The passage was rapid. Morgan landed in that island one thousand men, who, by threatening to put to death everyone that hesitated for a moment to surrender, so terrified the Spaniards that they speedily capitulated. It was stipulated that, to save at least the honor of the garrison, there should be a sham fight. In consequence of this, a very sharp fire ensued, from the forts on one side, and on the other from the ships; but on both sides the cannons discharged only powder. Further, to give a serious appearance to this military comedy, the governor suffered himself to be taken, while attempting to pass from Fort Jerome to another fort. At the beginning the crafty Morgan did not rely too implicitly on this feint; and to provide for every event, he secretly ordered his soldiers to load their fusees with bullets, but to discharge them in the air, unless they perceived some treachery on the part of the Spaniards. But his enemies adhered most faithfully to their capitulation; and this mock engagement, in which neither party was sparing of powder, was followed for some time with all the circumstances which could give it the semblance of reality. Ten forts surrendered, one after another, after sustaining a kind of siege or assault; and this series of successes did not cost the life of a single man, nor even a scratch, on the part either of the victors or of the conquered.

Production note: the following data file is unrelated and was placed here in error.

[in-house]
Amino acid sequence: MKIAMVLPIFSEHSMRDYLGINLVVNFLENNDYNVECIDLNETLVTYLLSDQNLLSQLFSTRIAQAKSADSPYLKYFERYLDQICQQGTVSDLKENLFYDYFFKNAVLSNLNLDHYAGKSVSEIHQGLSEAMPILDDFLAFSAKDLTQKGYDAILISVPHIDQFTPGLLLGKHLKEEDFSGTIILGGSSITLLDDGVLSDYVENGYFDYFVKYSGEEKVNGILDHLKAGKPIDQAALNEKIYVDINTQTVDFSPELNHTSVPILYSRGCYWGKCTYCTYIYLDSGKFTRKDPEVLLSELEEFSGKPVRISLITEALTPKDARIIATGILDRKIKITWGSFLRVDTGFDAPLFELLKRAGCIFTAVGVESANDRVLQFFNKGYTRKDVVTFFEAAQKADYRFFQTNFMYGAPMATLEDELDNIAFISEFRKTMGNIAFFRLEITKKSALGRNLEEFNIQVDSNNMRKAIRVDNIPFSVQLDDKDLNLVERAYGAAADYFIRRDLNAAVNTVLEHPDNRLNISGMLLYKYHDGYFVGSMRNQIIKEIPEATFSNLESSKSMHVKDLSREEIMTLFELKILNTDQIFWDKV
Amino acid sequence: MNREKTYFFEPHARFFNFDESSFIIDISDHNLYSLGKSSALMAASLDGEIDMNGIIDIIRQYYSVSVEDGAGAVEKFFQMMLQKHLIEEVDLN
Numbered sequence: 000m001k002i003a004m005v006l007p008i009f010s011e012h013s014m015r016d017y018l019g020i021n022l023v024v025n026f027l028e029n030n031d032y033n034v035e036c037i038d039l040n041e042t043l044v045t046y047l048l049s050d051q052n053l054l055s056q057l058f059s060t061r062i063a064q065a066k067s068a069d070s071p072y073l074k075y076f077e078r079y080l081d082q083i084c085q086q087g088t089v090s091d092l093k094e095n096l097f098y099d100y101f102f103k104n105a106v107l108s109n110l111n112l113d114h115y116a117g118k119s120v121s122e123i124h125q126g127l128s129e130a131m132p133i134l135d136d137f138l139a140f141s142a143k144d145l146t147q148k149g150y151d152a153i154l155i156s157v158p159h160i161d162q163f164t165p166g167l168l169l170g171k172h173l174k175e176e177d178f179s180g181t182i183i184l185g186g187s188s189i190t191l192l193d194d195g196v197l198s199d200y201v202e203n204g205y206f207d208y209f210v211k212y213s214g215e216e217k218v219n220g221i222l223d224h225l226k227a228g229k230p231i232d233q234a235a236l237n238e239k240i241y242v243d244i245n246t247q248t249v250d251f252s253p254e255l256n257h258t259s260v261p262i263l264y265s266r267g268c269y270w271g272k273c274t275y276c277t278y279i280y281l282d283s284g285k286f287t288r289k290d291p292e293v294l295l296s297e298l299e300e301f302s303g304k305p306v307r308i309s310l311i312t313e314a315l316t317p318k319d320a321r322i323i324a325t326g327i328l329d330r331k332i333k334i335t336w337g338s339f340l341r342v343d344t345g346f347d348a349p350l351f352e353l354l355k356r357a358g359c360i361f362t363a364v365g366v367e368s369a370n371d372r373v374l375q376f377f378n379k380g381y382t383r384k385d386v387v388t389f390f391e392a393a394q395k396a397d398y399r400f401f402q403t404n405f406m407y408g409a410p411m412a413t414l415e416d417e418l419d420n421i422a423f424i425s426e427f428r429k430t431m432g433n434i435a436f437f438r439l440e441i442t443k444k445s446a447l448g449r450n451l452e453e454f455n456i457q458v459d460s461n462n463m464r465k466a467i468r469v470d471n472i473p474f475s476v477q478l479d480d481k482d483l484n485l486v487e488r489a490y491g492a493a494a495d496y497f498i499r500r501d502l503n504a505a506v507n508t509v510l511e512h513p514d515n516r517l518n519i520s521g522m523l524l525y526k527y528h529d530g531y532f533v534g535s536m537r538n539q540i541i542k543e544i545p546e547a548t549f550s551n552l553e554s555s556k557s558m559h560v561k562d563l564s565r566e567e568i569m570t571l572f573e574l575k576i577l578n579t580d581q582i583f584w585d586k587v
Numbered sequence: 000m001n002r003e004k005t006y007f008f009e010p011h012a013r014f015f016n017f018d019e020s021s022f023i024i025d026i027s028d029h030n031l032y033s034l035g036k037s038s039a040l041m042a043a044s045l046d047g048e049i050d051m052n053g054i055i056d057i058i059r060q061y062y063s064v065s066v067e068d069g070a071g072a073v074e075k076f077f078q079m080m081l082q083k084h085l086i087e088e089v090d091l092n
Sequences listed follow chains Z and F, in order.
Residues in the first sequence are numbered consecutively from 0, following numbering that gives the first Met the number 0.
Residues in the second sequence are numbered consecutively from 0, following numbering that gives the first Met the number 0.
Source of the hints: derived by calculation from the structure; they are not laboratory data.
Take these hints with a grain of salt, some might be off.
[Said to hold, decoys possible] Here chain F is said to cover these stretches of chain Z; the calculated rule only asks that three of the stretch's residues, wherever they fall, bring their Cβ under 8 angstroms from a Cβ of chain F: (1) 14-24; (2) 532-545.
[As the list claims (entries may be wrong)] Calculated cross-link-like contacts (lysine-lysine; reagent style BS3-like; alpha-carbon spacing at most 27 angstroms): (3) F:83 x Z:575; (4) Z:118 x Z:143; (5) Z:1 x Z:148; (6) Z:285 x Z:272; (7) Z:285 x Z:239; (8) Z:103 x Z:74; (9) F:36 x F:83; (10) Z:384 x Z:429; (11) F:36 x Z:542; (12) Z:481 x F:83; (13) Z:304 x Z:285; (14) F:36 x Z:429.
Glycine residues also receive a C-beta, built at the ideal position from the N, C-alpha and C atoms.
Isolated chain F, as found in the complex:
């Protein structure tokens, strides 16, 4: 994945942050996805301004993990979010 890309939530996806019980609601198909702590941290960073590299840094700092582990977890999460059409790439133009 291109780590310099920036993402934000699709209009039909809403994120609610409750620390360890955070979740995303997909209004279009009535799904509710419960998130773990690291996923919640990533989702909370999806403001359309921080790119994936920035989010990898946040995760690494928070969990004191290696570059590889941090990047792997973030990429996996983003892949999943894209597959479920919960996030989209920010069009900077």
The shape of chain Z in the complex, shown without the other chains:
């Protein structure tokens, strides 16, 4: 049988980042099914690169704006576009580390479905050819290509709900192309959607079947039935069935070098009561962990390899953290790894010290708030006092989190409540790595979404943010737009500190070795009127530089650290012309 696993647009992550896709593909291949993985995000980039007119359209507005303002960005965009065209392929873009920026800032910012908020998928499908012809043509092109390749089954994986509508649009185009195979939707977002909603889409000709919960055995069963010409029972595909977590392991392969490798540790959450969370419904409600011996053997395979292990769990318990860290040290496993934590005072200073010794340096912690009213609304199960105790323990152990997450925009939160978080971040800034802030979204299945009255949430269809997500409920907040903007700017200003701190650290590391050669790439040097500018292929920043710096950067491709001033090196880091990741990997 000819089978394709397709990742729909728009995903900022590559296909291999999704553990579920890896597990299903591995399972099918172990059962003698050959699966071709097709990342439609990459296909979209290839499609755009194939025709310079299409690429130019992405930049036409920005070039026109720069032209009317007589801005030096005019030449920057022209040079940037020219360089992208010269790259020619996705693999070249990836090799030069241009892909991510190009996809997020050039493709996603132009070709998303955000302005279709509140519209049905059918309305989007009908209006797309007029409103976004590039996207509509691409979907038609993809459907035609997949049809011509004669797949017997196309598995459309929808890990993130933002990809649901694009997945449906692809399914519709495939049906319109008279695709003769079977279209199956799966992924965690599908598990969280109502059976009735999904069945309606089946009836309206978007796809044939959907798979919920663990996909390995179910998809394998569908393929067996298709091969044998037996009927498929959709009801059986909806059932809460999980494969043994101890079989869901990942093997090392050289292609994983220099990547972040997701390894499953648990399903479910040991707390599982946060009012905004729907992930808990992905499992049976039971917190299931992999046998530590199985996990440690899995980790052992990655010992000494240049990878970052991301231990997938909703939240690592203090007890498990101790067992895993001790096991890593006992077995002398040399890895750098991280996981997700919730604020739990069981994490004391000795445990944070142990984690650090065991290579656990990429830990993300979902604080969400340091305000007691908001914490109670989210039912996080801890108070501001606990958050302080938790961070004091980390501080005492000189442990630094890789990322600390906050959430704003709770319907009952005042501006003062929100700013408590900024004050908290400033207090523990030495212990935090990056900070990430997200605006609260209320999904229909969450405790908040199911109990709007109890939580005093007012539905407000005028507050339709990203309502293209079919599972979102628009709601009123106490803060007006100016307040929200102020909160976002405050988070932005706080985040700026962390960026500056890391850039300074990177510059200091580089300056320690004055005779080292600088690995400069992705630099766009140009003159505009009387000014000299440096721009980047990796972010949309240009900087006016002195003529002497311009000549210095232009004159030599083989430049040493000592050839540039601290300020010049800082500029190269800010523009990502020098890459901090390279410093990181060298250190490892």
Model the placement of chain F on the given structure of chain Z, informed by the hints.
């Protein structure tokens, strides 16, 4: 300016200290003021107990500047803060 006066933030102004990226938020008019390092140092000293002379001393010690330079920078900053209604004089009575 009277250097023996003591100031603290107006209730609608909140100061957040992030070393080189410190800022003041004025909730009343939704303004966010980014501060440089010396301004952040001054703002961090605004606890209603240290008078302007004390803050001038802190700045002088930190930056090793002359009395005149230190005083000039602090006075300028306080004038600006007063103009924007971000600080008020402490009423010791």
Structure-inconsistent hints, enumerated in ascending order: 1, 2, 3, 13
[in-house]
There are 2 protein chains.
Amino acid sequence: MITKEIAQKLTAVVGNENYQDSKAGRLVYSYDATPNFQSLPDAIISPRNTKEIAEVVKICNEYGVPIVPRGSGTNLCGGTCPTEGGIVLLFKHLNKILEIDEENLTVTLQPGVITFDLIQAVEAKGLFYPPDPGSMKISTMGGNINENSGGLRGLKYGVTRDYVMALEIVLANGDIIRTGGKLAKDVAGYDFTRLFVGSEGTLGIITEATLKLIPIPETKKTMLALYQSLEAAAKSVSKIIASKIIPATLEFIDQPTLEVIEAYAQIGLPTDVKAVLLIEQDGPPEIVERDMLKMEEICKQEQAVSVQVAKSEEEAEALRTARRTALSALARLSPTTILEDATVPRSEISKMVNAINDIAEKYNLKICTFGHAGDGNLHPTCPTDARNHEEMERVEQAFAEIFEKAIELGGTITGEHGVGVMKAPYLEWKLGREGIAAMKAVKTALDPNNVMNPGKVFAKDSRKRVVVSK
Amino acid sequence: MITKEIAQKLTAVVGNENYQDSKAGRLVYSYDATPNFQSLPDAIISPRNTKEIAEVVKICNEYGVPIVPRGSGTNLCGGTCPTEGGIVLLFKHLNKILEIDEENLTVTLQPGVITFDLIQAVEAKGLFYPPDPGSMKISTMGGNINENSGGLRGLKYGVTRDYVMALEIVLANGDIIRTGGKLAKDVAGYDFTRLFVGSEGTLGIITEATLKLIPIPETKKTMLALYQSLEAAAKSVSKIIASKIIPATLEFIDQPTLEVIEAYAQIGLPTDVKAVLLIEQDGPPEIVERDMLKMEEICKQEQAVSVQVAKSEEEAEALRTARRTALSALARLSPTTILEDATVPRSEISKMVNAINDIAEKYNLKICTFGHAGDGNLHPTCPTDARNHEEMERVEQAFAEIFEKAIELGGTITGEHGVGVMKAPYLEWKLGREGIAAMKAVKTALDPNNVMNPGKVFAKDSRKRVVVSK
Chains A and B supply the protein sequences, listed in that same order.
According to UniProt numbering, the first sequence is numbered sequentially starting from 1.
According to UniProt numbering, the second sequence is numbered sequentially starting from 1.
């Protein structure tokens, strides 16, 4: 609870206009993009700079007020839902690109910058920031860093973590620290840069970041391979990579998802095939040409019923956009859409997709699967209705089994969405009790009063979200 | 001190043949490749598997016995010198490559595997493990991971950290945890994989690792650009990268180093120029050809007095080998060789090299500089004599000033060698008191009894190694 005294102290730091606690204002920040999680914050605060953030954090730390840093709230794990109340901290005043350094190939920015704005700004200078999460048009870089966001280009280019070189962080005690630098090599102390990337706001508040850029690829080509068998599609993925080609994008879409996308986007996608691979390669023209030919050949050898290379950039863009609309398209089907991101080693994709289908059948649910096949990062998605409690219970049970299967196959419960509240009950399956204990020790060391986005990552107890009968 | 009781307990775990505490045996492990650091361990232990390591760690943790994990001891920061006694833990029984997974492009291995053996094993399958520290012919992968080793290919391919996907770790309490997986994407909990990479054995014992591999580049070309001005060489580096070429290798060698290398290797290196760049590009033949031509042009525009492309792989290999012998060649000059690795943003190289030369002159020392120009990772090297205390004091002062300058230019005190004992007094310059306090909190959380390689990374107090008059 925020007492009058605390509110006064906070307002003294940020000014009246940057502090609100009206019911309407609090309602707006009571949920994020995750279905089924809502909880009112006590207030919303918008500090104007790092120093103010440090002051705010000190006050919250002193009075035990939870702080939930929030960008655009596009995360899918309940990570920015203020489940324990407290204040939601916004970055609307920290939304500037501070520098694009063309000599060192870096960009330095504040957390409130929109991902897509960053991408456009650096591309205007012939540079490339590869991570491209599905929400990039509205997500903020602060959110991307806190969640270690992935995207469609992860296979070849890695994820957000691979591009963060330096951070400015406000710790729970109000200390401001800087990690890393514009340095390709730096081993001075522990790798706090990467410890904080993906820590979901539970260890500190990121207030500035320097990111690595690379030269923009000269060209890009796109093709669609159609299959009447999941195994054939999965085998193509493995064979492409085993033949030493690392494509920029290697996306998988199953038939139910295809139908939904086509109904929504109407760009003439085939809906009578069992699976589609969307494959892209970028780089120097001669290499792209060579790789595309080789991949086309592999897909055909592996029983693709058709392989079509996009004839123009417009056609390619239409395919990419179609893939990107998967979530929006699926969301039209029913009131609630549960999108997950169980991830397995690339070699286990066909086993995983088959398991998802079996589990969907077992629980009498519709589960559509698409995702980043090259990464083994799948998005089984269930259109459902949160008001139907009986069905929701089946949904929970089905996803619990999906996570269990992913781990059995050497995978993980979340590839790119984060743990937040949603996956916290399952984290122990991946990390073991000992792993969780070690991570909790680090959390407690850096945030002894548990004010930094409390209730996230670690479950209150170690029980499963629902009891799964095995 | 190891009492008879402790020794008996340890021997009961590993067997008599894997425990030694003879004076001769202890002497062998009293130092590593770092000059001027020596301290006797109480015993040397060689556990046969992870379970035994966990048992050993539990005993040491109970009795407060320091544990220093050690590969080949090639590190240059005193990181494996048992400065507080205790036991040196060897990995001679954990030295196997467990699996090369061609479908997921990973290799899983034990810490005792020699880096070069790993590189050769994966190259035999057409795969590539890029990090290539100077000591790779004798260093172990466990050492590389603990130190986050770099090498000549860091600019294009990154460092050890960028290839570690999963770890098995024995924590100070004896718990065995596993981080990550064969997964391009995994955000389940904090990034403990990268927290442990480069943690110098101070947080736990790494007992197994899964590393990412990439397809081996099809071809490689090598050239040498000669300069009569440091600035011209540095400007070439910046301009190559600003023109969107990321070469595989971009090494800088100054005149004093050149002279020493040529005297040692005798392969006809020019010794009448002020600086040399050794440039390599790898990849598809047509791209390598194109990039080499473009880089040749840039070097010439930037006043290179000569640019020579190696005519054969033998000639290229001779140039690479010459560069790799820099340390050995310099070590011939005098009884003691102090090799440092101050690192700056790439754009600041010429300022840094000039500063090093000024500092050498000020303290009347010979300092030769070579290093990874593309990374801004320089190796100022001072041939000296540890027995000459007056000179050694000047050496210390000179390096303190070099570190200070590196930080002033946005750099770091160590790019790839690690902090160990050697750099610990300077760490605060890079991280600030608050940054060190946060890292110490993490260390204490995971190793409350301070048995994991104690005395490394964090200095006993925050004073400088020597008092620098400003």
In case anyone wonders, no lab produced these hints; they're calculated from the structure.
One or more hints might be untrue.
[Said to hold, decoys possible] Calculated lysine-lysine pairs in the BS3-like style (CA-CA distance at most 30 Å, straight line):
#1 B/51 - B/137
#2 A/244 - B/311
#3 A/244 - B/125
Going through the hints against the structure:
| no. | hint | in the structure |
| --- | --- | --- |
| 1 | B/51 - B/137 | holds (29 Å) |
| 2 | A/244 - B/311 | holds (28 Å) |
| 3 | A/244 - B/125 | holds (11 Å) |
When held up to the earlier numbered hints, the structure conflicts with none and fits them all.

All the inhabitants of the island were shut up in the great fort of Santa Teresa, which was built on a steep rock; and the conquerors, who had not taken any sustenance for twenty-four hours, declared a most serious war against the horned cattle and game of the district.
In the isle of St. Constantine Morgan found four hundred fifty-nine persons of both sexes; one hundred ninety of whom were soldiers, forty-two criminals, eighty-five children, and sixty-six negroes. There were ten forts, containing sixty-eight cannons, which were so defended in other respects by nature that very small garrisons were deemed amply sufficient to protect them. Besides an immense quantity of fusees and grenades — which were at that time much used — upward of three hundred quintals of gunpowder were found in the arsenal. The whole of this ammunition was carried on board the pirate’s ships; the cannon, which could be of no service to them, were spiked; their carriages were burned, and all the forts demolished excepting one, which the freebooters themselves garrisoned. Morgan selected three of the criminals to serve him as guides to Panama. These he afterward, on his return to Jamaica, set at liberty, even giving them a share in the booty.